A press release from McHenry County State’s Attorney Patrick Keneally:
MCHENRY COUNTY FILES COMPLAINT AGAINST MANUFACTURERS OF PRESCRIPTION OPIOID PAINKILLERS
Today, Patrick Kenneally, McHenry County State’s Attorney, filed a lawsuit on behalf of the County against some of the nation’s largest pharmaceutical companies and physicians.
The Complaint, filed in McHenry County, alleges that the named pharmaceutical ompanies deceptively marketed opioid prescription drugs and misrepresented these drugs’ addictive qualities.
In the Complaint, the County is seeking compensatory and punitive damages for the enormous amount of money it has spent and continues to spend combatting opioid related misuse and abuse.
In addition to monetary damages, McHenry is seeking to enjoin the defendants and prohibit them from their alleged unfair and deceptive practices.
“One of my principal responsibilities as the McHenry County State’s Attorney is to hold accountable those persons or entities whose conduct causes others to suffer,” said Kenneally.
“This lawsuit is an attempt to do just that.”
In addition to McHenry County, DuPage County, Kane County, Will County, and Lake County are filing similar lawsuits.
The named defendants are Purdue Pharma L.P.; Purdue Pharma, Inc.; The Purdue Frederick Company, Inc.; Abbott Laboratories; Abbott Laboratories, Inc.; Teva Pharmaceuticals USA, Inc.; Cephalon, Inc.; Johnson & Johnson; Janssen Pharmaceuticals, Inc.; Ortho-McNeil-Janssen Pharmaceuticals, Inc.; Janssen Pharmaceutica, Inc.; Endo Health Solutions Inc.; Endo Pharmaceuticals, Inc.; Dr. Perry Fine; Dr. Scott Fishman; and Dr. Lynn Webster.
The state of the opioid crisis continues to be dire in McHenry County.
Tragically, we have lost over 70 members of our community to an opioid-related overdose death in 2017.
Apart from the toll on human life, the crisis has financially strained the services the County provides its residents and employees.
Human services, social services, court services, law enforcement services, the office of the coroner/medical examiner and health services, including hospitals, emergency and ambulatory services, have all been severely impacted by the crisis.
These costs include unnecessary and excessive opioid prescriptions, substance abuse treatment services, ambulatory services, emergency department services, and inpatient hospital services, among others.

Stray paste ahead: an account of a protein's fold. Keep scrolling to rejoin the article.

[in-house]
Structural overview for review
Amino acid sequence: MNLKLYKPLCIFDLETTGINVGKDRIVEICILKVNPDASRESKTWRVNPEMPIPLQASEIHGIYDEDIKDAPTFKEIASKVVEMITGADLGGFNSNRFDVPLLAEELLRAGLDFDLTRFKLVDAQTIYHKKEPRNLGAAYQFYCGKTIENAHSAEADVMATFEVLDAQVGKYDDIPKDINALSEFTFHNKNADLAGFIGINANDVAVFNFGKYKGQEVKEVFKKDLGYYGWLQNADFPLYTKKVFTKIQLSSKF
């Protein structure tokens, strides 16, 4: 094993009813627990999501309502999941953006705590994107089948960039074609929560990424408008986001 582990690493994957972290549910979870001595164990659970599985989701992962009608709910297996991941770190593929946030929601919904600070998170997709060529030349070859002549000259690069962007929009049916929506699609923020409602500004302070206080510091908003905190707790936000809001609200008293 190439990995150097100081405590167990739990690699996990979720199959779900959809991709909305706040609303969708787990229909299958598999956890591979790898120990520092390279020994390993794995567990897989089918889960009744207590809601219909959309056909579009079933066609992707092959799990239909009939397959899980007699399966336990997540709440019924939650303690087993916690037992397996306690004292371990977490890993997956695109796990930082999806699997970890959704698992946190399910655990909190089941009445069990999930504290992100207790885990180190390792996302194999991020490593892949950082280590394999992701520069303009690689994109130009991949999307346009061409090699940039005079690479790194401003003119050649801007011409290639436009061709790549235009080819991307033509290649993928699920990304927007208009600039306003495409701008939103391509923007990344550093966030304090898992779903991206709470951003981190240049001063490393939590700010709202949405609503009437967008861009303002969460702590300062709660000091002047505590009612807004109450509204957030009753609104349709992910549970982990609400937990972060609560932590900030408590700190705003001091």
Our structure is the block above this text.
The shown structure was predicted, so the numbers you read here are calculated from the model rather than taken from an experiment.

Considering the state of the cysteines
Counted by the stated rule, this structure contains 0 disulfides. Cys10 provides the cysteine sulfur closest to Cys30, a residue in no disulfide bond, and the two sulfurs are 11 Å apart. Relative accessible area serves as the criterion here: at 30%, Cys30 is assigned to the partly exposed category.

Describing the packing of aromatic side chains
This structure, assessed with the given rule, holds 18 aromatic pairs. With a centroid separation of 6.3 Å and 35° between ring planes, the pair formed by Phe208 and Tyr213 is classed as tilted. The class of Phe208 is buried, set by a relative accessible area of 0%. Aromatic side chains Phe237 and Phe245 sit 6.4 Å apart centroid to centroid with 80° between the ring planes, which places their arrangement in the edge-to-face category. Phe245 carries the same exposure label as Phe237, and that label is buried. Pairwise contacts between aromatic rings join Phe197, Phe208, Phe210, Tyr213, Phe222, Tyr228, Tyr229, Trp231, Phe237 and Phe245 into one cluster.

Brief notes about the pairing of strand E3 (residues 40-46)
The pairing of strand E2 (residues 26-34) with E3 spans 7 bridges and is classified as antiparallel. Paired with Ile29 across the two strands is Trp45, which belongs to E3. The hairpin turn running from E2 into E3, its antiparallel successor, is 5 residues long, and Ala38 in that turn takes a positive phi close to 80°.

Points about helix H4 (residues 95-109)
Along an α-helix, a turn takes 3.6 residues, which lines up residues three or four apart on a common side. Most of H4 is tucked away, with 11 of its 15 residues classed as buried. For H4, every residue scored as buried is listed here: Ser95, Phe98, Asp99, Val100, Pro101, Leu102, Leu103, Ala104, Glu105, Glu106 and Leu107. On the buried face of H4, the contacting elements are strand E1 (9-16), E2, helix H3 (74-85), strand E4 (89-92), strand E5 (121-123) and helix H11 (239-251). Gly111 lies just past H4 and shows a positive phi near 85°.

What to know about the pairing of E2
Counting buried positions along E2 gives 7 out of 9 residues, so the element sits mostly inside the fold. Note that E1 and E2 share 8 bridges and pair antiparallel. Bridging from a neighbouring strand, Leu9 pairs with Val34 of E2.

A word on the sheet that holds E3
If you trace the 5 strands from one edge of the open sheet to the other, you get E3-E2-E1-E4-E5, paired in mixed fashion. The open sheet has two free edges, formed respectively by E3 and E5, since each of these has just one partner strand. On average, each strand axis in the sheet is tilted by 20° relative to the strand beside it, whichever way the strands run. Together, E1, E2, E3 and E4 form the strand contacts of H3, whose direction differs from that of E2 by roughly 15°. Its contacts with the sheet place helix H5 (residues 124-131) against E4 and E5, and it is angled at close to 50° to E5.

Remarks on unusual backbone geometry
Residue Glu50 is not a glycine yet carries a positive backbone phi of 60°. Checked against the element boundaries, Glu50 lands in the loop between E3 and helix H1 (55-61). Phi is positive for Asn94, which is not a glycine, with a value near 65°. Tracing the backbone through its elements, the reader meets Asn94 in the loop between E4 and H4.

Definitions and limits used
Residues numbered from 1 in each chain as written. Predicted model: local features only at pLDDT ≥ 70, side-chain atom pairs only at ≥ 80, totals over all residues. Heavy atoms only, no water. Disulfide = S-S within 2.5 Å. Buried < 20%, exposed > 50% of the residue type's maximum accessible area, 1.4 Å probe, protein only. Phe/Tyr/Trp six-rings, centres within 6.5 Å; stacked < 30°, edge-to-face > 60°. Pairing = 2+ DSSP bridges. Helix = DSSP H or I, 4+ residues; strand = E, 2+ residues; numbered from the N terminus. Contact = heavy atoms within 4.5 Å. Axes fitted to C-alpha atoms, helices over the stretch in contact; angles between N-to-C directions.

The opioid crisis has also caused the counties to incur substantial economic, administrative and social costs relating to opioid addiction and abuse, including criminal justice costs, victimization costs, child protective services costs, lost productivity costs, and education and prevention program costs, among others.
The lawsuit alleges the defendants sought to create a false perception in the minds of physicians, patients, health care providers and health care payors that using opioids to treat chronic pain was safe for most patients and that the drugs’ benefits outweighed the risks.
This was allegedly perpetrated through a civil conspiracy involving a coordinated, sophisticated and highly deceptive (unbranded to evade the extensive regulatory framework governing branded communications) promotion and marketing campaign that began in the late 1990s, became more aggressive around 2006, and is ongoing.
Specifically, the complaints detail how the defendants allegedly poured significant financial resources into generating articles, continuing medical education courses and other “educational” materials, conducting sales visits to doctors, and supporting a network of professional societies and advocacy groups – all of which were successful in the intended purpose of creating a new and phony “consensus” supporting the long-term use of opioids.
The lawsuit will be prosecuted by the law firms of Simmons Hanly Conroy and Meyers & Flowers, two of the nation’s largest law firms focused on consumer protection and mass tort actions.
These firms will represent the County on a contingency fee basis and, as such, the cost of litigation will not be borne by taxpayers.